|Publication number||US5460227 A|
|Application number||US 08/235,522|
|Publication date||Oct 24, 1995|
|Filing date||Apr 29, 1994|
|Priority date||Apr 5, 1993|
|Publication number||08235522, 235522, US 5460227 A, US 5460227A, US-A-5460227, US5460227 A, US5460227A|
|Inventors||Fernando Antonio C. Sidrim|
|Original Assignee||Petroleo Brasileiro S.A.|
|Export Citation||BiBTeX, EndNote, RefMan|
|Patent Citations (5), Referenced by (25), Classifications (15), Legal Events (4)|
|External Links: USPTO, USPTO Assignment, Espacenet|
The invention is directed to an undersea integrated repressurization system and method used or the undersea separation of oil and gas along with pumping out of the separated oil and with remote control of the system, without any moving parts on the sea bottom.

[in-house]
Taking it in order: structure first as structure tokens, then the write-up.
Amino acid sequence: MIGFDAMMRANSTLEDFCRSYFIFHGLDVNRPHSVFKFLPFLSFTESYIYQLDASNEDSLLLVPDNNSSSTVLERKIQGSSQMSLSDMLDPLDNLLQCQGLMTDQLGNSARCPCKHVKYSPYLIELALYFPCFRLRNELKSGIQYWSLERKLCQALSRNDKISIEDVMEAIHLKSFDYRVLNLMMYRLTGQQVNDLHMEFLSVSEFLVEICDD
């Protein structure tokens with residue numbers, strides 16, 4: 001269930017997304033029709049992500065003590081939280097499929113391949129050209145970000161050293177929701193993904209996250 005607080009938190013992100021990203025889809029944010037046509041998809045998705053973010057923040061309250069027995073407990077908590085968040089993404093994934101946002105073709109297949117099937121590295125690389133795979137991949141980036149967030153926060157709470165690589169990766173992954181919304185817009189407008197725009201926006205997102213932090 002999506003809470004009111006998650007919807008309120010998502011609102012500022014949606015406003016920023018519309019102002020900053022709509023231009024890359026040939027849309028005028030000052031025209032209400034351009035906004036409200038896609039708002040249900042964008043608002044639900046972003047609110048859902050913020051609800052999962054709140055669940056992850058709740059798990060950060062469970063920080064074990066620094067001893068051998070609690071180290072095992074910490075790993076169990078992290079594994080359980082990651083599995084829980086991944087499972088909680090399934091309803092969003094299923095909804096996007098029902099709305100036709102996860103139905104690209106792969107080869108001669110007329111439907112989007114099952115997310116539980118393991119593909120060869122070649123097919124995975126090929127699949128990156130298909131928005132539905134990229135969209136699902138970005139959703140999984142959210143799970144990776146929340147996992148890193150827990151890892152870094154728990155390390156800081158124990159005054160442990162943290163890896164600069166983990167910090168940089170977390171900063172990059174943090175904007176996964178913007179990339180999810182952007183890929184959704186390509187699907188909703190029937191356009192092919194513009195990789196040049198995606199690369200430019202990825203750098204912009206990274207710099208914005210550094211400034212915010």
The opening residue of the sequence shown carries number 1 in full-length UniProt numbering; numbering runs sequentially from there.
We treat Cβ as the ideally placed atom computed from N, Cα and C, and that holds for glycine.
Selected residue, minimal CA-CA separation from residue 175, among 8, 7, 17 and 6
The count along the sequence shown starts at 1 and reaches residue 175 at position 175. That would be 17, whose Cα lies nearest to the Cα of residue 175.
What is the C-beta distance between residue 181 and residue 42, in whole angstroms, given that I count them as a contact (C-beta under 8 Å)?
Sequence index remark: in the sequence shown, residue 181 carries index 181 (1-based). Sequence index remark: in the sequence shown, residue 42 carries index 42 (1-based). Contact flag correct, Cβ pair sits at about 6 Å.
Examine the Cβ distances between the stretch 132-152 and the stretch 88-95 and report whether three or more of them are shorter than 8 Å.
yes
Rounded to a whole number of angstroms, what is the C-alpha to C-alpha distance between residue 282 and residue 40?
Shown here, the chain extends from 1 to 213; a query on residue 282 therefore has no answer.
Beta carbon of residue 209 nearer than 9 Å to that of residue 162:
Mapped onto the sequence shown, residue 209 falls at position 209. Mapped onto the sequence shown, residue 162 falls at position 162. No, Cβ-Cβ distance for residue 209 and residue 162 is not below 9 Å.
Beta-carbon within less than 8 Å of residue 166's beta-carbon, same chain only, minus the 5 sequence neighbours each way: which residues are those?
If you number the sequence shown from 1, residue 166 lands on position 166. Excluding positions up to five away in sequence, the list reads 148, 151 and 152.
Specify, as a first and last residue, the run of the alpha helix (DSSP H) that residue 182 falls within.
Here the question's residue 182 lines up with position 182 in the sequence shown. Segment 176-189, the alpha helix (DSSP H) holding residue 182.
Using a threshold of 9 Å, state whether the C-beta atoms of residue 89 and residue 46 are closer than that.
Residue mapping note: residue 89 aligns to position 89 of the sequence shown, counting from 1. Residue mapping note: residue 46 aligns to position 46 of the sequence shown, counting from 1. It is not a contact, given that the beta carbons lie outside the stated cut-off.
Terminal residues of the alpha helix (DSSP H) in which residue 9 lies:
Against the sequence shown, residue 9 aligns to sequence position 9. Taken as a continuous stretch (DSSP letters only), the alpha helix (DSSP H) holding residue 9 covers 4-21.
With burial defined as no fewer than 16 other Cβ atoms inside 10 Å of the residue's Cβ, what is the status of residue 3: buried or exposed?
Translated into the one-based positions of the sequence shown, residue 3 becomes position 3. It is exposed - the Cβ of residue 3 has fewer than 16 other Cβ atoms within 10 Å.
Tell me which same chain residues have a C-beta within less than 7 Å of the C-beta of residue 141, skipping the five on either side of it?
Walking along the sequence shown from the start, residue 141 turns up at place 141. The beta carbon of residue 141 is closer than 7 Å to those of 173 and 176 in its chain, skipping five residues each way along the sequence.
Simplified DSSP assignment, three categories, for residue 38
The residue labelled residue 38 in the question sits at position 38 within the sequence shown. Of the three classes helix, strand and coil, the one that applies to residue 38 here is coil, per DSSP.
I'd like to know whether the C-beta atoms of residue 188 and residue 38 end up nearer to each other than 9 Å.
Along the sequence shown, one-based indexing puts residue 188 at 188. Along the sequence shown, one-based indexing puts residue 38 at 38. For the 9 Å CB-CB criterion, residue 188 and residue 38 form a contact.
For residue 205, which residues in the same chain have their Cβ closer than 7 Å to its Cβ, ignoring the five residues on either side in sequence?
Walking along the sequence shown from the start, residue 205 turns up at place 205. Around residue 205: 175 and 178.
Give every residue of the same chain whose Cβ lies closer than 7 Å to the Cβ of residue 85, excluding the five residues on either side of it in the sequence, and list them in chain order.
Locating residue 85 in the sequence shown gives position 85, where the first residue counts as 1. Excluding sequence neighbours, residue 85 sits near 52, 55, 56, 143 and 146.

Undersea separation has never actually replaced offshore production platforms, particularly those in deep water, because up to now there has never been equipment reliable enough to pump out the separated oil by remote control under the usually unsuitable conditions at the bottom of the sea. An example of such separation is referred to in the publication GB 2,177,739 A of Jan. 28, 1987 dealing with an undersea system for the conveying of a multiphase flow of hydrocarbons drawn from an undersea well located at a distance from storage and treatment equipment, including an undersea template linked up to a series of wells, so that a mixed hydrocarbon flow is conveyed from such wells to a liquid separator which breaks it up into a fluid and a gas flow which run along a riser to the treatment and storage equipment.